Photographer Richard Ross spoke about his art in front of world arts and cultures/dance professor Peter Sellars’ students two years ago. For Sellars and many others, Ross’ work has sparked a series of conversations about criminal injustice in America.
For the past several years, Ross has interviewed and photographed the lives of incarcerated youth in the United States. After traveling to hundreds of institutions across the country, he self-published a book in 2012, entitled “Juvenile In Justice,” and, in 2015, published a follow-up book of the same nature that focuses specifically on incarcerated girls, “Girls in Justice.”
Sellars first worked professionally with Ross when he staged a street-dance style performance called “Flexn’,” which debuted in New York alongside Ross’ photographs in March. The project was a test run to Sellar’s new UCLA project The Boethius Initiative, which links artists and scholars to create multidisciplinary works of art that start a dialogue about an issue.
On Wednesday, the Hammer Museum and The Boethius Initiative will co-present a night of discussion with Sellars and Ross which will focus on Ross’ Juvenile In Justice project and injustice within the penitentiary system. The Daily Bruin’s Rebecca Sarvady spoke with Sellars about Juvenile In Justice as well as The Boethius Initiative, and art’s role in the political world.
Daily Bruin: What got you interested in the topic of Juvenile In Justice and adolescent incarceration in the United States?
Peter Sellars: I think what we’re experiencing right now is that America has gone way overboard in criminalization and punishment in a whole generation of people; the idea that tonight there are 70,000 teenagers who are sleeping in lockdown in a cement-sealed box with no human contact is beyond belief. The criminal justice system, every single day, commits 4,500 new kids to the system. If you’re looking at results of the system itself, we can see that that there is a century of results that show that people who enter the system are overwhelmingly damaged for life.
DB: Can you tell me about Ross’ project Juvenile In Justice?
PS: Richard’s documentary work – the photographs – is not only human documents but also evidence of a system that is colossally destructive. It’s a rare moment when you have a major artist who really commits their body of work to a topic that is so urgently needing to be addressed and understood. (It’s) not in the abstract, not in a “Let’s get tough on crime” discussion among politicians and stump speeches but the opposite: when you actually, with your eyes, see the effects and see the conditions that we are taking kids out of the families and neighborhood and putting them in (incarceration). … These photographs are very powerful in giving a first talking point.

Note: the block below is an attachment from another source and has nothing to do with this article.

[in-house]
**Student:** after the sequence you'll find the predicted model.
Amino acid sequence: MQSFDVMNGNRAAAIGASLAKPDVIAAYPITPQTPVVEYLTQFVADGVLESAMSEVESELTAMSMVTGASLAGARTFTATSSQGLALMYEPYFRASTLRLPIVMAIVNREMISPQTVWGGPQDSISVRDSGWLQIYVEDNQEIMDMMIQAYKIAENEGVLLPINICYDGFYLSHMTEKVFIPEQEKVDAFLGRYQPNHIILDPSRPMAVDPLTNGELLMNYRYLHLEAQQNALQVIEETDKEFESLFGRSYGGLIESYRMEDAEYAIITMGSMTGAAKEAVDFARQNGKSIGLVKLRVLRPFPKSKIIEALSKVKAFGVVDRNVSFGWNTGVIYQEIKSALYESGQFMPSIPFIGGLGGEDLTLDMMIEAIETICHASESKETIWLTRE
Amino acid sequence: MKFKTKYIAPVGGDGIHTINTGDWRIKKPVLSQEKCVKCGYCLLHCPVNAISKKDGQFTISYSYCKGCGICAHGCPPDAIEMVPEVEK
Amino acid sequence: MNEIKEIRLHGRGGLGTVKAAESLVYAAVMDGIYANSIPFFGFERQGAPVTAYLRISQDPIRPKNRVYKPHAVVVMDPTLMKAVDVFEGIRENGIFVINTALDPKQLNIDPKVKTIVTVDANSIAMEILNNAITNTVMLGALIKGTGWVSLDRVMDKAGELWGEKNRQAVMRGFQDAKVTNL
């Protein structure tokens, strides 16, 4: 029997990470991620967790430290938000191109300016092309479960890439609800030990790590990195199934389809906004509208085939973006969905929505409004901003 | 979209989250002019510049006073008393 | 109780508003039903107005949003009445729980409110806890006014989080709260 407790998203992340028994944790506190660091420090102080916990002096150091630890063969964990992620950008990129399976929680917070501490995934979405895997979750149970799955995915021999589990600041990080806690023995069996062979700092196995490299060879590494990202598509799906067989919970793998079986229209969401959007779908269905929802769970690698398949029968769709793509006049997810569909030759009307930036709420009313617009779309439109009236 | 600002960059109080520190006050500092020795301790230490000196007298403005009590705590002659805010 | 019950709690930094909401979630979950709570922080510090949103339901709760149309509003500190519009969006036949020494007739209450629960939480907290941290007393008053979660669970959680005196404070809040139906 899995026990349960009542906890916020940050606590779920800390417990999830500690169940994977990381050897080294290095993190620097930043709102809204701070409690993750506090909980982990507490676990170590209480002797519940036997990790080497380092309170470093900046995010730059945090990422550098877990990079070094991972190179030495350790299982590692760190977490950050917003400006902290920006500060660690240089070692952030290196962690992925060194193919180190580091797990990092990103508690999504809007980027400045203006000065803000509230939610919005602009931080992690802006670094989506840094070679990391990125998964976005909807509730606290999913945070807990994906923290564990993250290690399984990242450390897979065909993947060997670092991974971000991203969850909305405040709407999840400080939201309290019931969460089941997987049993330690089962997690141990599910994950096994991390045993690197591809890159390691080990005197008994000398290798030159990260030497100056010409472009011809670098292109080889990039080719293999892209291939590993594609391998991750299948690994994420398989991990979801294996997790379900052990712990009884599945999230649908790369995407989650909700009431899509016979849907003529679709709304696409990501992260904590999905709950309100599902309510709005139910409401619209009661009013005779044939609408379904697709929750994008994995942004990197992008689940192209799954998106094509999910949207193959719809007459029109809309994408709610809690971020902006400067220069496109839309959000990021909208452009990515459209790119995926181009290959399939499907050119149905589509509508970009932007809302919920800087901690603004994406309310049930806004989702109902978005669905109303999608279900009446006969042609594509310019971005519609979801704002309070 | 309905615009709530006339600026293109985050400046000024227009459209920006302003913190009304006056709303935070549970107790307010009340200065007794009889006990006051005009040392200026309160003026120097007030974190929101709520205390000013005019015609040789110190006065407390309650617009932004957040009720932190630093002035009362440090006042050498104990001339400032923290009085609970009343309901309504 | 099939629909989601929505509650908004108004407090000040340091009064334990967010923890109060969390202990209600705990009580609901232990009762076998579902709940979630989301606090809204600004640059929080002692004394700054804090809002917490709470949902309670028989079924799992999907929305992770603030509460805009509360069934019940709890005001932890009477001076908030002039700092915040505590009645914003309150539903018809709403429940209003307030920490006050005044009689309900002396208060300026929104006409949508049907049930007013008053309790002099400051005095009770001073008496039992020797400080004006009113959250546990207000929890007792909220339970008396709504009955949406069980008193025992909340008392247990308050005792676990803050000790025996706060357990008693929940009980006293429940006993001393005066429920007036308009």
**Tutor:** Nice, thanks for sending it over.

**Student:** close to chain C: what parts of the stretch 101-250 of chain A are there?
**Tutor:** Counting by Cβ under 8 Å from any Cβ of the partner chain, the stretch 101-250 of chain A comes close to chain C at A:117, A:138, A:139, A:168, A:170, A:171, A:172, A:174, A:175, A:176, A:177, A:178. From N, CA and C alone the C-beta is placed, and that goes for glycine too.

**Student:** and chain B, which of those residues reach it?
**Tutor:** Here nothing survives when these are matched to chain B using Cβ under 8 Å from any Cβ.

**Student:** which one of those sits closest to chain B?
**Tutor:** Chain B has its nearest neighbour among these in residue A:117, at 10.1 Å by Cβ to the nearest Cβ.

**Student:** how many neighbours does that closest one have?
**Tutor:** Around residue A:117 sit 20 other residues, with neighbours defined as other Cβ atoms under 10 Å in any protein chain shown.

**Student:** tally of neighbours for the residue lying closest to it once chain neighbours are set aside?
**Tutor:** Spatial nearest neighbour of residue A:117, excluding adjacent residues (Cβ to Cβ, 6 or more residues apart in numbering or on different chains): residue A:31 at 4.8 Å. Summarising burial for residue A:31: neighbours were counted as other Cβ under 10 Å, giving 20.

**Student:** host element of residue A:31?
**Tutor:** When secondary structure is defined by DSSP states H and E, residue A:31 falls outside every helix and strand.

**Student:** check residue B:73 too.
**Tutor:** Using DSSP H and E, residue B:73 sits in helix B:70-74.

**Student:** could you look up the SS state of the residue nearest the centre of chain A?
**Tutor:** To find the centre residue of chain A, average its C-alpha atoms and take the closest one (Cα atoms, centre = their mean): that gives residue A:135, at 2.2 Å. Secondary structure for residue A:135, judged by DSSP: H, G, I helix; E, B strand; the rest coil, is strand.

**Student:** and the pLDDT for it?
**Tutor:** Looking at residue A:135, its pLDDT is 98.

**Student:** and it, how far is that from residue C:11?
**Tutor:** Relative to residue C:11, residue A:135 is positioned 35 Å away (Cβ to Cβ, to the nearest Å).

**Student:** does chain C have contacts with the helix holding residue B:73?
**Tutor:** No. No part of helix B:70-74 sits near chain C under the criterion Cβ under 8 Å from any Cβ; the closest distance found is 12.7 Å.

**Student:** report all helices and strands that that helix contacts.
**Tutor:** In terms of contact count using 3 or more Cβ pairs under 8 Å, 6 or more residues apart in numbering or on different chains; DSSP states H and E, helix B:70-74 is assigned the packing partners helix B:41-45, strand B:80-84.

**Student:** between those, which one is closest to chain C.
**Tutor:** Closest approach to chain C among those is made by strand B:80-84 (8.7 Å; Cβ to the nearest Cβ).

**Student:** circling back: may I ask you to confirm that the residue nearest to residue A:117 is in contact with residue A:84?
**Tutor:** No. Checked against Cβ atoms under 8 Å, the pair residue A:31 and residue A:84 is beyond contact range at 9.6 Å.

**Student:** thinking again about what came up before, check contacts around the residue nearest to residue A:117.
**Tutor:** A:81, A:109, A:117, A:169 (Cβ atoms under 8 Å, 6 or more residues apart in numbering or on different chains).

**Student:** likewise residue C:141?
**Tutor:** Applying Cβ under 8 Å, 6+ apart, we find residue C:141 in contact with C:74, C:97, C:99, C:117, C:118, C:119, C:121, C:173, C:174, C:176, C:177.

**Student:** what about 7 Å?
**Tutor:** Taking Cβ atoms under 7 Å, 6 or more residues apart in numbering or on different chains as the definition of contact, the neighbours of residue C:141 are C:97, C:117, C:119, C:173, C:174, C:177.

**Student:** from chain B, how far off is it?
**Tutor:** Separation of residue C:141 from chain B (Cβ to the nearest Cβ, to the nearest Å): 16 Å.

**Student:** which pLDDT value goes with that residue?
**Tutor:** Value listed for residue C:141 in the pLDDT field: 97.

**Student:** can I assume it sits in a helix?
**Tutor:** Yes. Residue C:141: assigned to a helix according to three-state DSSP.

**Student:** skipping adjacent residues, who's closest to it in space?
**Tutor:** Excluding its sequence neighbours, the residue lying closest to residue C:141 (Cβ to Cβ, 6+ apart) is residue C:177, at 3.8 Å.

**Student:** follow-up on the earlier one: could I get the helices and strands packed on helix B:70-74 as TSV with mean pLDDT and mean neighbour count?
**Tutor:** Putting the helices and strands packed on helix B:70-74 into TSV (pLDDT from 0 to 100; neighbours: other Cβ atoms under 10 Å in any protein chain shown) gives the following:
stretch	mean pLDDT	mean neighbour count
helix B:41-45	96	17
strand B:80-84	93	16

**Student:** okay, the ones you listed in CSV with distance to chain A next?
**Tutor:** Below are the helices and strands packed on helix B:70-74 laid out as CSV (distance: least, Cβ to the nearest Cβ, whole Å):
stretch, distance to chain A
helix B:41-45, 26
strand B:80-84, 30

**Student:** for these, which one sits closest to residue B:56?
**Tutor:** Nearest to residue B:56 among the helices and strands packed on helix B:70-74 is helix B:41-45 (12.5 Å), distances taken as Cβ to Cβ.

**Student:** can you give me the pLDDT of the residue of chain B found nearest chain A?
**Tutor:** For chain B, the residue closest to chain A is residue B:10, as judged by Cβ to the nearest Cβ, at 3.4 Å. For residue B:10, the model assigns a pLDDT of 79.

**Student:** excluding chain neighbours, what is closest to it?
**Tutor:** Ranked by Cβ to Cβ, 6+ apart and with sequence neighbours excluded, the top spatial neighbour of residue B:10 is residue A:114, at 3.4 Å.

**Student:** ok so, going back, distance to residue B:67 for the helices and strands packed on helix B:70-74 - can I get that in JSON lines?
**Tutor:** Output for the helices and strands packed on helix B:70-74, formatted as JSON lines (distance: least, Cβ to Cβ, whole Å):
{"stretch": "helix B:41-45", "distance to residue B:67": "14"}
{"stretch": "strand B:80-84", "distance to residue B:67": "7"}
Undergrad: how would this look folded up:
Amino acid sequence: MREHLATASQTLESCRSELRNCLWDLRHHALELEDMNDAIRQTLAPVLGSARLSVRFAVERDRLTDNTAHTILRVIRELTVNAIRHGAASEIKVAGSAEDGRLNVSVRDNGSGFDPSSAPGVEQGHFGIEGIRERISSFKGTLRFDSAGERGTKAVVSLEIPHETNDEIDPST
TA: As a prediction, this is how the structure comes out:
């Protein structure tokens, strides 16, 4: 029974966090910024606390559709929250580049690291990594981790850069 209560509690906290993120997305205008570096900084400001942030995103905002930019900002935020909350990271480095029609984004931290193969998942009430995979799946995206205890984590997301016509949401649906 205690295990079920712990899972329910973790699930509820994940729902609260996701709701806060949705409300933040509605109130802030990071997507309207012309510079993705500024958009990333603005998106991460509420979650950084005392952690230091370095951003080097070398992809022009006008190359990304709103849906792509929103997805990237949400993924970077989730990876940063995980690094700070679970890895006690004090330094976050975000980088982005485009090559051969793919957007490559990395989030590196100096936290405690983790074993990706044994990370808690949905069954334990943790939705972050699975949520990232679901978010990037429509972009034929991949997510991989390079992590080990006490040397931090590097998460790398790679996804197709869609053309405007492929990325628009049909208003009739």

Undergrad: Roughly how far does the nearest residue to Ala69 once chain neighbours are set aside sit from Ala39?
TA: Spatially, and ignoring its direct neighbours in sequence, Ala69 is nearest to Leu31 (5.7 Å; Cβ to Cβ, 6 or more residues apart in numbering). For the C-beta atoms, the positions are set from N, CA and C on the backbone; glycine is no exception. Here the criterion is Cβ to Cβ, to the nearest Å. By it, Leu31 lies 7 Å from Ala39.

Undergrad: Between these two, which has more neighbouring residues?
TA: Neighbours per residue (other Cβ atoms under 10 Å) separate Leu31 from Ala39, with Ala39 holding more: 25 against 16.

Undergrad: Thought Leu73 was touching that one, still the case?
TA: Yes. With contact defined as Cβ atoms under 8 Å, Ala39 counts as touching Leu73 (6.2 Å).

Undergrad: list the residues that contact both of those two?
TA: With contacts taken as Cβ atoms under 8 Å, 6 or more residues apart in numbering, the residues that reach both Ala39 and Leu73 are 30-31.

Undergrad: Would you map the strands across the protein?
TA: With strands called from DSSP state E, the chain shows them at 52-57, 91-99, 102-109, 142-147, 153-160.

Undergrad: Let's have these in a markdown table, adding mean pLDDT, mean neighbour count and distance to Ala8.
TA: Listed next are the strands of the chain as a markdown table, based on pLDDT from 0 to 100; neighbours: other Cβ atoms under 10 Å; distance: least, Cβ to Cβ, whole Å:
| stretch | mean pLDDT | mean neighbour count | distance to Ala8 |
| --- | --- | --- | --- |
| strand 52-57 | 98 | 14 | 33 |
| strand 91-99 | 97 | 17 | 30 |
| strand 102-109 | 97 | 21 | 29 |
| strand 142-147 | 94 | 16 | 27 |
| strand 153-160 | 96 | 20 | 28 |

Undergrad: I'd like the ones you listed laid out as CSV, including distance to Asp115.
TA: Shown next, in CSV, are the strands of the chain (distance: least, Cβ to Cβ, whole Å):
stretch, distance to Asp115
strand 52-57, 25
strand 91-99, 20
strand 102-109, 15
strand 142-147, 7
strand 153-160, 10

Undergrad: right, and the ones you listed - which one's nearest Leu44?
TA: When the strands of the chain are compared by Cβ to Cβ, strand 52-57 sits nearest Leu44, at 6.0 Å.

DB: How does The Boethius Initiative relate to issues of social justice and art?
PS: The idea of The Boethius Initiative is to put artists together with scholars, activists and social workers to recognize that a lot of the issues we’re addressing at the moment – unequal policing, unequal justice – these are cultural questions. When they recognize the presence of the humanities in these absolutely asymmetrical, unequal systems, it actually gives you a creative space from which you can intervene and move forward. … Topics, like the violence against the young people of color in the United States, need to be addressed through a multidisciplinary, multilayer set of community interventions.
DB: Do you think that art can be used as an effective tool for political change?
PS: What’s important about art is that you can handle very complicated topics without violence and create zones of shared experiences and insights across the political and social spectrum. I think that one of the most powerful things about art is to generate a series of experiences that people with very different backgrounds begin to have in common. That creation of common ground and experiences that are emotionally deep and shared are the first steps of making democracy work.
The arts, by definition, are about multiplicity and diversity. Not only are you living in multiple worlds but in fact every human being has multiple cells, multiple feelings and conflicting ideas and emotions. … The arts invite people to a much more flexible sense of their own and other people’s identities.
DB: What do you hope will be the public’s reaction to the Juvenile In Justice project?
PS: I think what we’re seeing is a movement right now. And what is very exciting is a core foundation and a whole range of players are starting to move very decisively toward creating meaningful change and meaningful alternatives. I think we all have our role to play. The more we get the word out and the more images and stories circulate, the more the movement will have power and force and effectiveness.
Compiled by Rebecca Sarvady, A&E contributor.